Just like with medications, brain surgery is not something that works for everyone.  Medical testing (like MRI and EEG) can help the doctor to decide if a person might benefit from surgery.  At the Epilepsy Center, more detailed testing like video-EEG, may make this clearer.  A person who is a good candidate for brain surgery is someone who is very likely to benefit and very unlikely to have complications from the surgery.  Only by talking with your doctor can you decide if surgery is right for you.

If a person has seizures that are not controlled with medication(s), and they will not benefit from brain surgery, there are other treatment options.  One is a device called the VNS.  The VNS has been available for 15 years.  It is an electronic device, like a pacemaker, that sends small electrical impulses to the brain.  These impulses help to decrease or stop seizures.  The device is used in combination with medication.

For some people, the ketogenic diet helps to stop seizures.  The diet has been “around” for many years.  It is mainly used in children.  In order to be on this diet, a person needs to work carefully with a dietician, who can help to design a meal plan that is best for that person.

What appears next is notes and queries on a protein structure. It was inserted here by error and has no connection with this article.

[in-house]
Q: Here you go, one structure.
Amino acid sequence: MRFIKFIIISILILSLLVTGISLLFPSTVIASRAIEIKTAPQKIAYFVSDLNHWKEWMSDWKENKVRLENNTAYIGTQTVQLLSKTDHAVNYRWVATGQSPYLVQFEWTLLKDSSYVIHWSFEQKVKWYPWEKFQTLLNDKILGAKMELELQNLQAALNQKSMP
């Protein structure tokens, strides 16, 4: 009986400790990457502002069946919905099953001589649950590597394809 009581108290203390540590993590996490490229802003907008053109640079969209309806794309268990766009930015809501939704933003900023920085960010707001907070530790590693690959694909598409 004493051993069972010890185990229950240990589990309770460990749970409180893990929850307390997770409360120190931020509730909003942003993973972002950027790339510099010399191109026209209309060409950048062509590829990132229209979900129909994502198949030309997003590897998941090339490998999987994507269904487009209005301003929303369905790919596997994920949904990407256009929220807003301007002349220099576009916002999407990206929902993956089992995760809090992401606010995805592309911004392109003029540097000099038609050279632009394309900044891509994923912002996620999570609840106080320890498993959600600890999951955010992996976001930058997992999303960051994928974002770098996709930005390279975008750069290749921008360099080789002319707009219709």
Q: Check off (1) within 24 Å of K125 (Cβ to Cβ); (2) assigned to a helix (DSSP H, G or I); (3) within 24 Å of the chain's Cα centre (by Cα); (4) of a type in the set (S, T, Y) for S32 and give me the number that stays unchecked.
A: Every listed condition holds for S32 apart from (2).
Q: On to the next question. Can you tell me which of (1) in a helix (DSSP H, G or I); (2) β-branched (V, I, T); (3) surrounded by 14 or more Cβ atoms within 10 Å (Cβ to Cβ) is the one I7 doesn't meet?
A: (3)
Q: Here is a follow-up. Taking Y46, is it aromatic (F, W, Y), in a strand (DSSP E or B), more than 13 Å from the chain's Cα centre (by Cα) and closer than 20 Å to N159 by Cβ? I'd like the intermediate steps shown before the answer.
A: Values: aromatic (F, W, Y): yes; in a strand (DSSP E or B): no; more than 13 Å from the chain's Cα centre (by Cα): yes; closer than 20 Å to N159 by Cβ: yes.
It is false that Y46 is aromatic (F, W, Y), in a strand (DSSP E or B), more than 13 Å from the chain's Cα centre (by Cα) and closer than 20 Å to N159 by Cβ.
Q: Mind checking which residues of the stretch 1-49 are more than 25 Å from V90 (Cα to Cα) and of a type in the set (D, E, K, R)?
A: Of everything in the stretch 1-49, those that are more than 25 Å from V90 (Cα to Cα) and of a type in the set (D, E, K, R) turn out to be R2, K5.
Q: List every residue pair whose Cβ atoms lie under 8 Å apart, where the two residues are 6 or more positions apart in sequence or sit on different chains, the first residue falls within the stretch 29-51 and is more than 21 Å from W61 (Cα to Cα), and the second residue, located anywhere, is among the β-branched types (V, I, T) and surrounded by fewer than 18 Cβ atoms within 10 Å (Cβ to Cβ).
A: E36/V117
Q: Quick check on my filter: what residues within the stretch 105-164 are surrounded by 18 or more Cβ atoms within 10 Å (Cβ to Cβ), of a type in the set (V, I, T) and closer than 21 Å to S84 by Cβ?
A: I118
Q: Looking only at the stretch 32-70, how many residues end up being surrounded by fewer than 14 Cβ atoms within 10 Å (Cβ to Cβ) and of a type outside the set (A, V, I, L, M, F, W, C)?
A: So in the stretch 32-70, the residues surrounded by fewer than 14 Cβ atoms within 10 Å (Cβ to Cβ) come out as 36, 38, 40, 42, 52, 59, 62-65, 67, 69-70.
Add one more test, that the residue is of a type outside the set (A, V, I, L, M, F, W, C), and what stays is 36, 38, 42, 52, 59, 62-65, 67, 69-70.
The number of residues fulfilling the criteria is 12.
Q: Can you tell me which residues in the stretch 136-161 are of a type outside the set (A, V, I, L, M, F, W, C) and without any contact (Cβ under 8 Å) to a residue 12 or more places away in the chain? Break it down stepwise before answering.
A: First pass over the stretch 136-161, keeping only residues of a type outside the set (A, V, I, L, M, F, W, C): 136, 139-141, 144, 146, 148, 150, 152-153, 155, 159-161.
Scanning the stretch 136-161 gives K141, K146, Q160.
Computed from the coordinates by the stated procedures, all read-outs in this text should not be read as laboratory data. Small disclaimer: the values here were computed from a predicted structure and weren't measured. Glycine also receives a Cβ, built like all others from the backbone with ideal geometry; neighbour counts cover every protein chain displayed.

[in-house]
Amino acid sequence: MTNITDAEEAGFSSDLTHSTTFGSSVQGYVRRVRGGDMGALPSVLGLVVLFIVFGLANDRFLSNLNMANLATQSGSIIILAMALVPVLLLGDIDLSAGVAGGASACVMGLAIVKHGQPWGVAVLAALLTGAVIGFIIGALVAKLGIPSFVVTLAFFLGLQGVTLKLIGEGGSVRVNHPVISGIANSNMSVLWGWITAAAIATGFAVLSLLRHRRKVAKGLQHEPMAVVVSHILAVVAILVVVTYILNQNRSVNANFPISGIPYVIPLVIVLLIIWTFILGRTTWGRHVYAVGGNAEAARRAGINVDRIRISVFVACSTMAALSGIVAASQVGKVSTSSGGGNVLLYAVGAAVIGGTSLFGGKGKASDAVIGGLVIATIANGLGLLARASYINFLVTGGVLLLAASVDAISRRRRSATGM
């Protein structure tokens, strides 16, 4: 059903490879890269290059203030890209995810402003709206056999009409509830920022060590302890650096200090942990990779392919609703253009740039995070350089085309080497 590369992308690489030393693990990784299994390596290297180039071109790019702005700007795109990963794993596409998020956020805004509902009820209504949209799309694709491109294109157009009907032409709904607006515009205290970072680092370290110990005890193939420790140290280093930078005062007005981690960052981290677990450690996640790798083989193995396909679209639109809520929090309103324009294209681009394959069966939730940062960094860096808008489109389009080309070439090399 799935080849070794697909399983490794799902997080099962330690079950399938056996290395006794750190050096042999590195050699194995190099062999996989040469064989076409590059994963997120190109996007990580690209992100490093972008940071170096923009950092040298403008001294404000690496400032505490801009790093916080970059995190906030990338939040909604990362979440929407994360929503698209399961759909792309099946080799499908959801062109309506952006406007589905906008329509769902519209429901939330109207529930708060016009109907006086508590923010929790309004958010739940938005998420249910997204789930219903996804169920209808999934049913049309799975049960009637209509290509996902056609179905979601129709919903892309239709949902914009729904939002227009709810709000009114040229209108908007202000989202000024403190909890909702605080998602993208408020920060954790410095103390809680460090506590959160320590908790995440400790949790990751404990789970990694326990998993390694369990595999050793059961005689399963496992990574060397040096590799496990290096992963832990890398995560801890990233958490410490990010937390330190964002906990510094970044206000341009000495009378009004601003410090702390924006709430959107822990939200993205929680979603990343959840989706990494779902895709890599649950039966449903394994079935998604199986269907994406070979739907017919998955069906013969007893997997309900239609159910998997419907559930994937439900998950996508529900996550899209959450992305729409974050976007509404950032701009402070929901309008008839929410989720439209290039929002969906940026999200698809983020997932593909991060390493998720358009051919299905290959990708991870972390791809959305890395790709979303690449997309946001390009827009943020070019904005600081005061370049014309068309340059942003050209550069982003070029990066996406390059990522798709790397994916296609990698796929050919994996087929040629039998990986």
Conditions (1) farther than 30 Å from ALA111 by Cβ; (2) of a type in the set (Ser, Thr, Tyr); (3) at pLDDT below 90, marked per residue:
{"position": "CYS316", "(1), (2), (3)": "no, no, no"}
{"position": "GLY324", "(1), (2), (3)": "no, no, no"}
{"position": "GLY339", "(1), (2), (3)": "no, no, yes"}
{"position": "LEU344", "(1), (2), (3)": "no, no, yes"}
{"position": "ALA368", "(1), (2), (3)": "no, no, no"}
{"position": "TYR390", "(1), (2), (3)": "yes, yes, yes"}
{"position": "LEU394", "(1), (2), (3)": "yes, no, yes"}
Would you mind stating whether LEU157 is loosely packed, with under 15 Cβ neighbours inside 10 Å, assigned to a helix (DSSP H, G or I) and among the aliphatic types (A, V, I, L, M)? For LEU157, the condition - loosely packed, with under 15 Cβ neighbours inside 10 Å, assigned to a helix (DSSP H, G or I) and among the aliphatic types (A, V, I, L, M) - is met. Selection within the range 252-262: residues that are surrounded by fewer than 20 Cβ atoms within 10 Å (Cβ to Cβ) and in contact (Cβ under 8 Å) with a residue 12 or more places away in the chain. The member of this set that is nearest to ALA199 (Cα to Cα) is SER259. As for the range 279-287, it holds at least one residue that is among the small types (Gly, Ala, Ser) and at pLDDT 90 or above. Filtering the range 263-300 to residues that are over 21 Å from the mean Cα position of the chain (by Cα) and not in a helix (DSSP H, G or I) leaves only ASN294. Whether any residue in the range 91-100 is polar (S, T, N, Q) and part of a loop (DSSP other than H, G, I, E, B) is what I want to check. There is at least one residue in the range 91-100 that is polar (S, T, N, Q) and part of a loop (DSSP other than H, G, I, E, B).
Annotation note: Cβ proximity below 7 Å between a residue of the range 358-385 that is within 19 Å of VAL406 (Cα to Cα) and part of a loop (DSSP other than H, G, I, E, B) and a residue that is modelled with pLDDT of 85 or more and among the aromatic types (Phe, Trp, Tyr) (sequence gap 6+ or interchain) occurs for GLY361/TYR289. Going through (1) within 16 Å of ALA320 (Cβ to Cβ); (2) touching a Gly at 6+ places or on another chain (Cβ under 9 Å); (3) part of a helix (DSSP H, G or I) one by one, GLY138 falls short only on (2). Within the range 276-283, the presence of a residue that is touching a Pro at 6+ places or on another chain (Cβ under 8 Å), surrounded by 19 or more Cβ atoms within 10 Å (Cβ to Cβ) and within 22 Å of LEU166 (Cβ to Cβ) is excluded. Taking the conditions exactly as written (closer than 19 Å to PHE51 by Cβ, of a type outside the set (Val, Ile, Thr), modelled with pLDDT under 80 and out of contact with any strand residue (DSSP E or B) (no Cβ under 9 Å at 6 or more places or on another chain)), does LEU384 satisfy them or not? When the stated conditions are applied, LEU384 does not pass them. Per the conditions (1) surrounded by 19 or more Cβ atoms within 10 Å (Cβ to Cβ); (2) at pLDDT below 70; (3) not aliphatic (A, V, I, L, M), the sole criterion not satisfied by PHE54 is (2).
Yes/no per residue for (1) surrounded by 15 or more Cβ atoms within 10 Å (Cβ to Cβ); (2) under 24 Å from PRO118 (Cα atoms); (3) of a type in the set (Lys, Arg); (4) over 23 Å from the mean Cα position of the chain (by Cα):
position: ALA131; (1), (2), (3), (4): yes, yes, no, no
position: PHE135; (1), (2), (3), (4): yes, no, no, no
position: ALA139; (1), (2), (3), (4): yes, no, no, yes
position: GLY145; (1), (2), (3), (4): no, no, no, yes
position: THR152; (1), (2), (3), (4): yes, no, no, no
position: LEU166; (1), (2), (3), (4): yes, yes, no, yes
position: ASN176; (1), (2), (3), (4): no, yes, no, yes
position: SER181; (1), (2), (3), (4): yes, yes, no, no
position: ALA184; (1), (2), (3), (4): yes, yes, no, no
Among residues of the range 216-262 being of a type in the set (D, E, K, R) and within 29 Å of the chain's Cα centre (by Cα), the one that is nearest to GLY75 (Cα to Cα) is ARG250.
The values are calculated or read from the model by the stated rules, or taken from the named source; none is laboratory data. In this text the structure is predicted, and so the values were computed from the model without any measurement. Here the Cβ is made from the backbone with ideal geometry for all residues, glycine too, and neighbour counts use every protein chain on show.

The treatment of epilepsy has changed dramatically over the past decade, thanks mostly to the development of new medications, devices for epilepsy, and new surgical approaches. The growing list of treatments offers patients more options; however, it presents the neurologist with greater challenges. The best way to select the best therapy or a combination of therapies is not always clear. However, it has become clear that one-third of patients will not respond well to medications alone. This determination can be made early after diagnosis: if the first few medication trials do not produce seizure freedom and a tolerable side effect profile, the person’s seizures can be said to be refractory. It is at this point that a person should be referred to an epilepsy center.


1. Kwan P, Brodie MJ. Early identification of refractory epilepsy. New England Journal of Medicine 2000;342(5):314-9.